Interventional cardiology

MSAC to considering MBS item for ‘gold standard’ myocarditis diagnosis

A bid for a Medicare item to fund cardiac MRI in the diagnosis of myocarditis has been made by CSANZ, which cites a growing need due to COVID-19 vaccinations.

While myocardial biopsy is already subsidised on the MBS, the society argues it could be replaced with cardiac MRI in up to 80% of patients presenting with acute cardiomyopathy – ending the requirement for an invasive procedure and possible hospital stay.

Beyond the safety and cost benefits, it says MRI is also more sensitive than biopsy for the diagnosis of acute myocarditis given the entire heart is assessed.

And it is also the gold standard in patients presenting as a mimic of an acute coronary syndrome, who currently have to undergo invasive angiography or cardiac CT for diagnosis, according to the society.

A result of the current diagnostic algorithm is that patients may be falsely diagnosed with an acute coronary syndrome when the real diagnosis is acute myocarditis, CSANZ said in an application to the Medical Services Advisory Committee.

“These patients may then be inappropriately treated with lifelong secondary preventive therapies for coronary artery disease which is minor and asymptomatic (as their symptoms were secondary to acute myocarditis),” it said.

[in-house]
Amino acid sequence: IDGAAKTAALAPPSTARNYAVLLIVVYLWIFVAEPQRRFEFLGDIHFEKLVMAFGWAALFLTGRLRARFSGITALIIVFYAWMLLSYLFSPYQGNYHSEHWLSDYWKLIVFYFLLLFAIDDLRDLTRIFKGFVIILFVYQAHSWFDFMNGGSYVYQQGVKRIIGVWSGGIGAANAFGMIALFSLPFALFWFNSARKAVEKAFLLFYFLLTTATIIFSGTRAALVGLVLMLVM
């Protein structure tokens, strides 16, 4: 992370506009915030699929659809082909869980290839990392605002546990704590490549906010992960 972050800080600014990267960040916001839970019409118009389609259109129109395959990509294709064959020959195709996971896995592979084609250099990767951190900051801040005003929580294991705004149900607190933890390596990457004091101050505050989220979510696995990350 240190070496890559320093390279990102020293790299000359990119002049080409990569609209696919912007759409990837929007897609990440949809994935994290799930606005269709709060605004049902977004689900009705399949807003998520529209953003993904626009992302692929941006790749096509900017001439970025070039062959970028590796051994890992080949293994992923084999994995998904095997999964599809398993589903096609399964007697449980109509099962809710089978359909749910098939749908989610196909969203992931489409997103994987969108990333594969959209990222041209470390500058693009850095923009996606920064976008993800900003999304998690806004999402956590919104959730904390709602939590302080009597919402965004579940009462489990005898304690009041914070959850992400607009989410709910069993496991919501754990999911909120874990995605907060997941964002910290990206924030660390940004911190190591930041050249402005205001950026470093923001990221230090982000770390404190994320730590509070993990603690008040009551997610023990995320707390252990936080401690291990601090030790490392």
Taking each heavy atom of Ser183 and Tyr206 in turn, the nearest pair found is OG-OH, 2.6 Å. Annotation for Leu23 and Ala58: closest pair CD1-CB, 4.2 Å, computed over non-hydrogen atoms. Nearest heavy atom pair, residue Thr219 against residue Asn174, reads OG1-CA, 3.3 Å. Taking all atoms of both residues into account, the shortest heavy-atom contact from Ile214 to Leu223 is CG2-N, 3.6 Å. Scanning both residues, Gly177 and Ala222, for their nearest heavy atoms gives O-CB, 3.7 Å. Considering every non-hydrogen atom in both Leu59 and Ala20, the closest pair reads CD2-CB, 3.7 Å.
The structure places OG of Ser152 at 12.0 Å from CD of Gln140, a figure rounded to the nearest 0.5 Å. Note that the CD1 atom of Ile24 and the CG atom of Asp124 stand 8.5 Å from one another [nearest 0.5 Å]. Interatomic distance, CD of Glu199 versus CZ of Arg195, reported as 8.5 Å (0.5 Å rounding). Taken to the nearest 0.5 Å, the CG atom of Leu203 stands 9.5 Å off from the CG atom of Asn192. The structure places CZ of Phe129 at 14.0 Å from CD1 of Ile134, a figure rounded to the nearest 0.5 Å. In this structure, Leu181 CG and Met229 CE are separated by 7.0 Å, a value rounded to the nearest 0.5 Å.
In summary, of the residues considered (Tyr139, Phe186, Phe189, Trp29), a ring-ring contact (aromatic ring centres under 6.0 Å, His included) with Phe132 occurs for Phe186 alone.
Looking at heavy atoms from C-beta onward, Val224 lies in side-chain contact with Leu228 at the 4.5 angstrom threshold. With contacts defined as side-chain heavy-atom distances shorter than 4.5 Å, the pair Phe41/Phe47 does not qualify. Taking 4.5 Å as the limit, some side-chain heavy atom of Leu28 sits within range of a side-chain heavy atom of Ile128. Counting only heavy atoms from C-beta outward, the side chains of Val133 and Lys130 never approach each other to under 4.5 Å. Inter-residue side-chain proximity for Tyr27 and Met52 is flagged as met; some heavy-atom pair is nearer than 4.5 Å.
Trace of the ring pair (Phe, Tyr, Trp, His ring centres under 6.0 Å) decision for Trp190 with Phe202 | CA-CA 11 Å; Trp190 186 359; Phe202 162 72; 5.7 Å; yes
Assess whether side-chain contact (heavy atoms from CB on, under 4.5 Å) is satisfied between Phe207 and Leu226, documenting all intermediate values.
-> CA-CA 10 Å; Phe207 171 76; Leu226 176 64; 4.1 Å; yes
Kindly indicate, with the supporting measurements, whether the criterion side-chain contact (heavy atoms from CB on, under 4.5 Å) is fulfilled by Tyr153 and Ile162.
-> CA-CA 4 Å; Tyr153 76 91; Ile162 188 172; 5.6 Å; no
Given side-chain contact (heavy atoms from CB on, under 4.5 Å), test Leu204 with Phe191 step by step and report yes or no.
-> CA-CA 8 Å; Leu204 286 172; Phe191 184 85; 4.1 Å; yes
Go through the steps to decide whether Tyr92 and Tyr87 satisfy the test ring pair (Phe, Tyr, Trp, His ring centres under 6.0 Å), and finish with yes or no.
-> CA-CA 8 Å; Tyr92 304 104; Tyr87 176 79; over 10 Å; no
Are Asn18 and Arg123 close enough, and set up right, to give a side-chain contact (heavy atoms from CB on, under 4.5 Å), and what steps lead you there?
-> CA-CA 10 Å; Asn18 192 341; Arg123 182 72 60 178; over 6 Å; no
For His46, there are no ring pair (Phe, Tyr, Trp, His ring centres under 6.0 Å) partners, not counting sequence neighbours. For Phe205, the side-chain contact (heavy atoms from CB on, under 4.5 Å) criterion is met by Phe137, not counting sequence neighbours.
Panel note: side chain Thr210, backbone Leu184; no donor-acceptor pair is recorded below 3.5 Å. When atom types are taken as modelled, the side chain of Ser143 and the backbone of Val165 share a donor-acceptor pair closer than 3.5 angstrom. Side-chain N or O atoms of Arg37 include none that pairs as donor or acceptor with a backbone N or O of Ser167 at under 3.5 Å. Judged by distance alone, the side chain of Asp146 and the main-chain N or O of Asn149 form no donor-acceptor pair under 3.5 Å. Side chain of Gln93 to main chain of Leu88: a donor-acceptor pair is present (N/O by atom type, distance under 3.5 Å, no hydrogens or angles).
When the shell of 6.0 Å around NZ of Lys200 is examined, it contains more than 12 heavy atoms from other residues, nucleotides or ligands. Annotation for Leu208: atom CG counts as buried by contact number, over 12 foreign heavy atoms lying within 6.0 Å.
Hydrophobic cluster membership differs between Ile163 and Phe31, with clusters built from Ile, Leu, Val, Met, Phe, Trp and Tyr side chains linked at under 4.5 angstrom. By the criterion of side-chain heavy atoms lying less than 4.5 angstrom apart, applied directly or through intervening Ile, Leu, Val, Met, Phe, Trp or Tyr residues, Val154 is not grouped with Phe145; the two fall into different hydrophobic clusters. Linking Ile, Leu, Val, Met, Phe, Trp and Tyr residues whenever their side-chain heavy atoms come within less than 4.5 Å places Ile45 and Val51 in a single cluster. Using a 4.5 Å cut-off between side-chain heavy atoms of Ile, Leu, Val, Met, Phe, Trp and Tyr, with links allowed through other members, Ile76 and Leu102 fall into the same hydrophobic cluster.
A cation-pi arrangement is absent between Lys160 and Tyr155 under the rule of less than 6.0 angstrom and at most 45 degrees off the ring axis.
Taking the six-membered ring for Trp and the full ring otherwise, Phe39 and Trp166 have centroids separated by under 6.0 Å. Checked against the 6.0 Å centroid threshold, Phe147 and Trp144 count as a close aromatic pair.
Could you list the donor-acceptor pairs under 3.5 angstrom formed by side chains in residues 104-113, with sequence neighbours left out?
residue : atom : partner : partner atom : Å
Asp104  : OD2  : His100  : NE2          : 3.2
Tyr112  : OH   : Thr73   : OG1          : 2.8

“Therefore, a diagnostic pathway incorporating cardiac MRI will lead to greater diagnostic certainty which will likely to lead to more appropriate delivery of therapies.”

In the application filed earlier this year, the society said there was an increasing need for diagnostic tools to identify the inflammatory condition.

This reflected evidence that in those receiving an mRNA COVID-19 vaccine, the incidence of vaccine associated myocarditis may be as high as 1 in 25,000 vaccine doses, CSANZ said.

Its background incidence was lower, at approximately 30 per 100,000-person years, most frequently occurring following viral infection including COVID-19, the society added.

However, it also occurred after bacterial, fungal and parasitic infections, as a complication of autoimmune disorders or a consequence of drug reactions or environmental toxins.

With each study expected to take between 45 minutes and one hour, an appropriate rebate would be $855.20, CSANZ said.

It proposed that in, order to be eligible under Medicare, patients would need to be referred by a cardiologist or other consultant physician, with the scan performed by an accredited cardiac MRI provider.

There were currently 144 such providers accredited in Australia, including 84 cardiologists and 60 radiologists, the society said.

Proposed item descriptor:

MRI–scan of cardiovascular system for the assessment of myocardial structure and function and characterisation, if the service is requested by a consultant physician who has assessed the patient, and the request for the scan indicates:

(a) the patient has suspected myocarditis and would otherwise require myocardial biopsy or coronary angiography to confirm the diagnosis; OR

(b) the patient has suspected myocarditis after receiving a mRNA COVID-19 vaccine with symptom onset within 21 days of a mRNA COVID-19 vaccine administration; AND

(c) the results from the following examinations are inconclusive to form a diagnosis of myocarditis:

(i) echocardiogram; and

(ii) troponin; and

(iii) chest X-ray.

(R) (Anaes.) (Contrast)

Fee: $855.20

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